The Rules of Golf and the Study of Talmud

We posted this golf analogy on 6/24/2010. Another season, another visit....

A WSJ article last year about the rules of golf ("Rules Are Made to Be ... Completely Baffling") invoked the Talmud. We agree that the intricate interpretation of the rules of golf can at times remind one of Talmudic analysis,
“The main reason there are so many rules and decisions is because the playground is so large and varied, and almost anything can happen. It’s not like tennis, where the courts are uniform,” said Mr. Fay. Every four years the USGA and its fellow rules-making body, the Royal and Ancient in Great Britain, announce new and amended rules to adapt to new circumstances, and new decisions are rendered constantly, all of which rules scholars study like the Talmud.

Fundamentally, however, the rules can be reduced to a few underlying principles—only two, in the opinion of John Minan, a professor at the University of San Diego School of Law and author of “The Little Green Book of Golf Law.” The first is to play the course as you find it and the second is to play your ball without touching it until you hole out—except, of course, when there are exceptions. The rules define and explain the exceptions. And for situations that aren’t covered in the rules, there’s the all-important equity clause, Rule 1.4: When in doubt, do what’s fair.
The Talmudic analogy is a propos. For golf rules, there are basic principles, a set of detailed laws in a code book and case studies on how the laws are applied.

We love the sport and play as often as we can. When we tracked our handicap, it was around a 16. This season we had our classic Mizuno clubs regripped and they feel like new.

Here is the set of famous golf rule cases that the WSJ article assembled:

Famous Rules Incidents in Golf History

1925 U.S. Open -- Bobby Jones imposed a penalty on himself for a violation no one else saw, eventually leading to a playoff loss in the tournament. He famously deflected commendations for his honesty by replying, “You may as well praise a man for not robbing a bank.”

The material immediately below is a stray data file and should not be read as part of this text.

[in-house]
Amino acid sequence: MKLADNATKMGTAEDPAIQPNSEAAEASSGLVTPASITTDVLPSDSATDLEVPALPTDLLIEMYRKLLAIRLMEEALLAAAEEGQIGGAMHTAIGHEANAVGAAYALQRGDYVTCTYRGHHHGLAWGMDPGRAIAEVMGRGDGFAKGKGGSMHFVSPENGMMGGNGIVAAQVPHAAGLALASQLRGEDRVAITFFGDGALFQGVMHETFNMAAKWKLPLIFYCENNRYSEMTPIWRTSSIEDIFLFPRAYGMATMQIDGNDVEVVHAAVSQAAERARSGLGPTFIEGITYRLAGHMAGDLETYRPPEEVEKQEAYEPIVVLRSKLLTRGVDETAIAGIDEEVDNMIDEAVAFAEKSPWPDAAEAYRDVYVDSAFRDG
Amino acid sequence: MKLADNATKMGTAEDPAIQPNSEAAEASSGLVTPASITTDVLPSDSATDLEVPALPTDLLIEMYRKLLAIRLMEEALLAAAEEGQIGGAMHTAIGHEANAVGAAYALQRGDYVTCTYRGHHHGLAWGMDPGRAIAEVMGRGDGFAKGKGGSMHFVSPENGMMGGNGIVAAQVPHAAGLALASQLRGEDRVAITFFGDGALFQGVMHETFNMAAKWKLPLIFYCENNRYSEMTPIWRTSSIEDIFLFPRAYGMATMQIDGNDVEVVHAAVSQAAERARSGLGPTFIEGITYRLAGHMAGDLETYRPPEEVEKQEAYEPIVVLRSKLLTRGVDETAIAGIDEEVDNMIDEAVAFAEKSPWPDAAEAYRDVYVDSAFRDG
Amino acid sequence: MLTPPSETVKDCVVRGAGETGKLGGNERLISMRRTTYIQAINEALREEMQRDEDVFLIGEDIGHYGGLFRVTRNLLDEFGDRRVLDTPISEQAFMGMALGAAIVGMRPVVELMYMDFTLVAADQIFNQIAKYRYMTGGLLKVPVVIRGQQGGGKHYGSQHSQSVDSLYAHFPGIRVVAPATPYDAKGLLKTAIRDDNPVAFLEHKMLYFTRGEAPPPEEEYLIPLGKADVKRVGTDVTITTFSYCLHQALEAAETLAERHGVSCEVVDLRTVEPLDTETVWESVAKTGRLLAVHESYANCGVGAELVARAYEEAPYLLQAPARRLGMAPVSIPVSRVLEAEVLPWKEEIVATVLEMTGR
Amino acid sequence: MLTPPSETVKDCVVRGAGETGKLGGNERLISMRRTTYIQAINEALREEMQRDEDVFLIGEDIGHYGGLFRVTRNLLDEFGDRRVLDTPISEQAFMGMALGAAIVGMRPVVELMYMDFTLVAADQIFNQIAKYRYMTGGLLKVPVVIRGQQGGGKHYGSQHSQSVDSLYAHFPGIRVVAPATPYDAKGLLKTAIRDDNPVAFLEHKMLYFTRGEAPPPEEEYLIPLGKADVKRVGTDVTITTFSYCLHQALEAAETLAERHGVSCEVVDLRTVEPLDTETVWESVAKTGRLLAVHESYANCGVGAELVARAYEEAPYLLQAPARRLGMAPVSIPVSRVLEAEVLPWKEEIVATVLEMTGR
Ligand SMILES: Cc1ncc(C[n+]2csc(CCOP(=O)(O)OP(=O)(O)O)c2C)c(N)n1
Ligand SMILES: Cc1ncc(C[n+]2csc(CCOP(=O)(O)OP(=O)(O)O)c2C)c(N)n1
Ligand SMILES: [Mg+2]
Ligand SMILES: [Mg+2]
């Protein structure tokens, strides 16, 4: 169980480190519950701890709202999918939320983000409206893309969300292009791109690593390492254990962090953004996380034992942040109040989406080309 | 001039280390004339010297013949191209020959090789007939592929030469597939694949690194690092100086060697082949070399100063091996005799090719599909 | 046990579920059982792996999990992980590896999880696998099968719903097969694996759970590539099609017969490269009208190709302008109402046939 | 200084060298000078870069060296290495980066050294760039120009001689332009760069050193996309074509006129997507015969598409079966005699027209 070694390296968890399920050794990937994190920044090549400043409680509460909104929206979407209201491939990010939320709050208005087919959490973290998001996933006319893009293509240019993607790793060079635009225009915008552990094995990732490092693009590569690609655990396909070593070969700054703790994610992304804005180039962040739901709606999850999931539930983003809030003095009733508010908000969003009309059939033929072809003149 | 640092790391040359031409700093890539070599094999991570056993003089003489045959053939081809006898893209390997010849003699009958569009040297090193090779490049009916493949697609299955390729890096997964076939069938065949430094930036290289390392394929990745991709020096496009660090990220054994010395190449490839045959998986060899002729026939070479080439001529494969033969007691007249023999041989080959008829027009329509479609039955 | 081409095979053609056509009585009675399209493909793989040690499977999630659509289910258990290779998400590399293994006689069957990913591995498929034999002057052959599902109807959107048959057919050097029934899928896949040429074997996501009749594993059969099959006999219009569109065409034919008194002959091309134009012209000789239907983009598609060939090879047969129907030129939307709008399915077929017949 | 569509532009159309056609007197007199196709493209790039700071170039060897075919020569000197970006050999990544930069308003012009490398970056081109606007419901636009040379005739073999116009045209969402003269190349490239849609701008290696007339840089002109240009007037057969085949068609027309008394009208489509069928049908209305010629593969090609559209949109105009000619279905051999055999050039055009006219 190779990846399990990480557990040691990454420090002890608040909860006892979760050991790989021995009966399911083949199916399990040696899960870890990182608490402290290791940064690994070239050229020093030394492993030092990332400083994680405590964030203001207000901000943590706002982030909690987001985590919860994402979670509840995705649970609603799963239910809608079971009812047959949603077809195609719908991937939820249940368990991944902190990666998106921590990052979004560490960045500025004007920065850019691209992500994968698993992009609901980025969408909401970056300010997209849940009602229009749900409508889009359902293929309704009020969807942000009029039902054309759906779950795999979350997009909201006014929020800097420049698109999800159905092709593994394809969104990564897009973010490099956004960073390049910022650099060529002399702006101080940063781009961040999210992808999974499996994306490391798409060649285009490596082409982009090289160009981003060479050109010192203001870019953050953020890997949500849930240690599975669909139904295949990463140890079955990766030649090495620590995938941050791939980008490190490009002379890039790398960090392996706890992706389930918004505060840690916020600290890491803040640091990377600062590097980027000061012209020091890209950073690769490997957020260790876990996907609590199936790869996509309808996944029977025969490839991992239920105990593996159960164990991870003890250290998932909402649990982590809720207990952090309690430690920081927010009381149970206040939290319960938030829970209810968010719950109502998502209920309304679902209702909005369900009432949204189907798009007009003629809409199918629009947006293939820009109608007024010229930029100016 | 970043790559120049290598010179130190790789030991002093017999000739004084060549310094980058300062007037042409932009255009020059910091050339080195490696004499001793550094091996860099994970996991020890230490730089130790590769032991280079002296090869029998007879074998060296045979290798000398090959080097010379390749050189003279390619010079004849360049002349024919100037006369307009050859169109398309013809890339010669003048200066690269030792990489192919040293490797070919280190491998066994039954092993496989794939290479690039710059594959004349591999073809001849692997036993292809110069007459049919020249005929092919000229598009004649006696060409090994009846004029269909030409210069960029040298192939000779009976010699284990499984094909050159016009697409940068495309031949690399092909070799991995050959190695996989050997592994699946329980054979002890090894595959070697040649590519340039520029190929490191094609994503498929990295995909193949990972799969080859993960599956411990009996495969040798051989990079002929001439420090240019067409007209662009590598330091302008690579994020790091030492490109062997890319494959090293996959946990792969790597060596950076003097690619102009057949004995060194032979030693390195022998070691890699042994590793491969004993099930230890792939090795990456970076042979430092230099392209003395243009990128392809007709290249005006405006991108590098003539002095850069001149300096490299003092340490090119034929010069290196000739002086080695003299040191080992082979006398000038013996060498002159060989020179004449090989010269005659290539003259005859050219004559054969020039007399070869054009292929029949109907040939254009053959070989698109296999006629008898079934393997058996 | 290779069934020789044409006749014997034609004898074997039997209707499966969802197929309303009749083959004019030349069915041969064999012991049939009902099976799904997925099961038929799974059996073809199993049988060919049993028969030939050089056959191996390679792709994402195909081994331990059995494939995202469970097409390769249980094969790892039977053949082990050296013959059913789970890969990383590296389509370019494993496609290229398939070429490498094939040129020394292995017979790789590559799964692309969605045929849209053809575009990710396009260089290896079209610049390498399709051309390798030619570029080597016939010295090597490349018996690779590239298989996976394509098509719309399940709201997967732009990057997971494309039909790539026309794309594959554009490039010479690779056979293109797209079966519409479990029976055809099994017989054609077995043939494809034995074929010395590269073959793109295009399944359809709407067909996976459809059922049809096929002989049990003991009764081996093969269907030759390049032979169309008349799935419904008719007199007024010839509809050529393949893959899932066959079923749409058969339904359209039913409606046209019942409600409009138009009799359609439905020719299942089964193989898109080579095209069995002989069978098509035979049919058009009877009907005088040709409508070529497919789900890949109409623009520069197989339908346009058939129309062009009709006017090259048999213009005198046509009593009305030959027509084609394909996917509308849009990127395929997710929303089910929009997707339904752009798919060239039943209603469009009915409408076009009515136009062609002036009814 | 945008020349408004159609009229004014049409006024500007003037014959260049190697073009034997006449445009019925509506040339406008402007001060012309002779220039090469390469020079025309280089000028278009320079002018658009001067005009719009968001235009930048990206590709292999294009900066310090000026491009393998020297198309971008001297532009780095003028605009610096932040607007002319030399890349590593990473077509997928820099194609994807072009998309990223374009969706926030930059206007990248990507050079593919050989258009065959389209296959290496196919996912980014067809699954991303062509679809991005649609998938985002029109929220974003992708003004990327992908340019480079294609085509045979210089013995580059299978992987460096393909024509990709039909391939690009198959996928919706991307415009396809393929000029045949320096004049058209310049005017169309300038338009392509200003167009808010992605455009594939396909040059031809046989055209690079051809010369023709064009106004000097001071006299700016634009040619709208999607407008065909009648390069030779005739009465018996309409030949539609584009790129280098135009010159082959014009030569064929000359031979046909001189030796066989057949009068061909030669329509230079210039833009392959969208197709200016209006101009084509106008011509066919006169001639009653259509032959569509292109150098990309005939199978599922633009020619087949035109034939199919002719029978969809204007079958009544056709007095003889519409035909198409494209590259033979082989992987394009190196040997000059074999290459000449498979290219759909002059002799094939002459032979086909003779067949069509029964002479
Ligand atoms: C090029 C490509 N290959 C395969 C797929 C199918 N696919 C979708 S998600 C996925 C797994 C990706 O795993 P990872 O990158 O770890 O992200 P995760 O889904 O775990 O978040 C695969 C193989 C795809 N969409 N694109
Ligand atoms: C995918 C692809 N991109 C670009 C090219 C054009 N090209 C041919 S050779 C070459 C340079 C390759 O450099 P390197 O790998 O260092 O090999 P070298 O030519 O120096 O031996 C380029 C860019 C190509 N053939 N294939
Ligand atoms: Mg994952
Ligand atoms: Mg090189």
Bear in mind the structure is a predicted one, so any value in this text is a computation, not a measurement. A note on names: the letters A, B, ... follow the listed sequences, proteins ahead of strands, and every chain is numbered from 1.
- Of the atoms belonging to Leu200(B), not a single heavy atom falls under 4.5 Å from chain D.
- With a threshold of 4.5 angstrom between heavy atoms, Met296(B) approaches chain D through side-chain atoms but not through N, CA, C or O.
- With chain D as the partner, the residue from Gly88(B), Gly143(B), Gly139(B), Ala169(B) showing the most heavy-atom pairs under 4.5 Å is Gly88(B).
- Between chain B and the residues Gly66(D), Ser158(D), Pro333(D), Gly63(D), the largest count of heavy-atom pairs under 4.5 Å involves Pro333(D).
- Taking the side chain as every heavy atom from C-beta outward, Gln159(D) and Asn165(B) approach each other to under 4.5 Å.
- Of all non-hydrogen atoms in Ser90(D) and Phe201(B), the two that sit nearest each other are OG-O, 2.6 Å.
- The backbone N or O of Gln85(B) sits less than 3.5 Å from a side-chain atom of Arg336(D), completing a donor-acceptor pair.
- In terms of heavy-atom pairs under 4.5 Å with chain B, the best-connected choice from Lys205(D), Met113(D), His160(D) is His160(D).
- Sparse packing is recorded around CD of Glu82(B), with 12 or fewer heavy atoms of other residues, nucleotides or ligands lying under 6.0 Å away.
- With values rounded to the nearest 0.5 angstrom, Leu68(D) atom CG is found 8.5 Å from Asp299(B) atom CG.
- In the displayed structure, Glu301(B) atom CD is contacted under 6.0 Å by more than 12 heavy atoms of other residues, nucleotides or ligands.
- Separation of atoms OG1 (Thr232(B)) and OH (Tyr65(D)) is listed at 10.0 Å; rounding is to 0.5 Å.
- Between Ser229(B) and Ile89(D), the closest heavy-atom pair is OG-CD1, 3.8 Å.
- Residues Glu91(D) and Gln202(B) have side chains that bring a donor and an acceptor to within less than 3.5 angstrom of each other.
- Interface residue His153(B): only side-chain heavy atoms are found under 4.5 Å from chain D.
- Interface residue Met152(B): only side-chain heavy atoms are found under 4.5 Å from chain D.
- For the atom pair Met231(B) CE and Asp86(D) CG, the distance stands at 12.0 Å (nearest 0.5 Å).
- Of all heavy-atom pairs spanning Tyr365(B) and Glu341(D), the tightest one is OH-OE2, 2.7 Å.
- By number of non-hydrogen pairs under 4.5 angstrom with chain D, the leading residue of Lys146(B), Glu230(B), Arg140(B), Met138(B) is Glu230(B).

1958 Masters -- Holding the lead in the final round, Arnold Palmer hit a tee shot that became imbedded near the 12th green. A rules official denied him relief, leading to a double bogey. But Mr. Palmer also played a second ball, scored par with it, and the tournament committee eventually ruled in his favor, giving him the victory. At dispute, according to fellow competitor Ken Venturi, is whether Mr. Palmer properly announced at the time that he was playing a second ball.

1968 Masters -- Roberto De Vicenzo of Argentina signed an incorrect scorecard after a final round 65 that would have put him into a playoff with Bob Goalby. Mr. Goalby was pronounced the victor. “What a stupid I am,” Mr. De Vicenzo said.

1987 San Diego Open -- To protect his pants from getting dirty, Craig Stadler kneeled on a towel when hitting a shot from under a tree. When a television viewer called in the next day to suggest correctly that this illegally constituted “building a stance,” Mr. Stadler was disqualified.

1994 U.S. Open -- In the final round at Oakmont, Ernie Els hit his opening drive into deep rough, but a rules official erroneously allowed him a free drop in a favorable place to avoid television equipment. Mr. Els went on to win the Open in a playoff.

2001 British Open -- Holding the lead on the second hole of the final round, Ian Woosnam hears this from his caddy: “You’re going to go ballistic.” The reason? His bag contained 15 clubs, one more than allowed. Mr. Woosnam removed the club, penalized himself two strokes and bogeyed two of the next three holes. He finished third.

2003 British Open -- Jesper Parnevik and Mark Roe were both disqualified after they failed to swap cards on the first tee of the third round and so recorded each other’s scores on the wrong cards. Mr. Roe was in contention.
2005 LPGA Samsung World Championship -- Michelle Wie was disqualified for taking an improper drop. A sports writer reported the infraction the next day, long after Ms. Wie had turned in an incorrect card.

2007 Honda Classic -- Mark Wilson’s caddy wrongfully told Camilo Villegas’s caddy what club Mr. Wilson had used for a shot in the final round, resulting in a two-stroke penalty. Mr. Wilson went on to win the event anyway, in a playoff.

2008 Zurich Classic of New Orleans -- Stewart Cink was disqualified after failing to give himself a two-stroke penalty. After hitting his ball from one bunker to the next, his caddy raked the sand in the first bunker. He was deemed to be illegally “testing” the condition of the bunkers since Mr. Cink’s ball was still in a bunker. The USGA issued a decision shortly thereafter to allow such an action.

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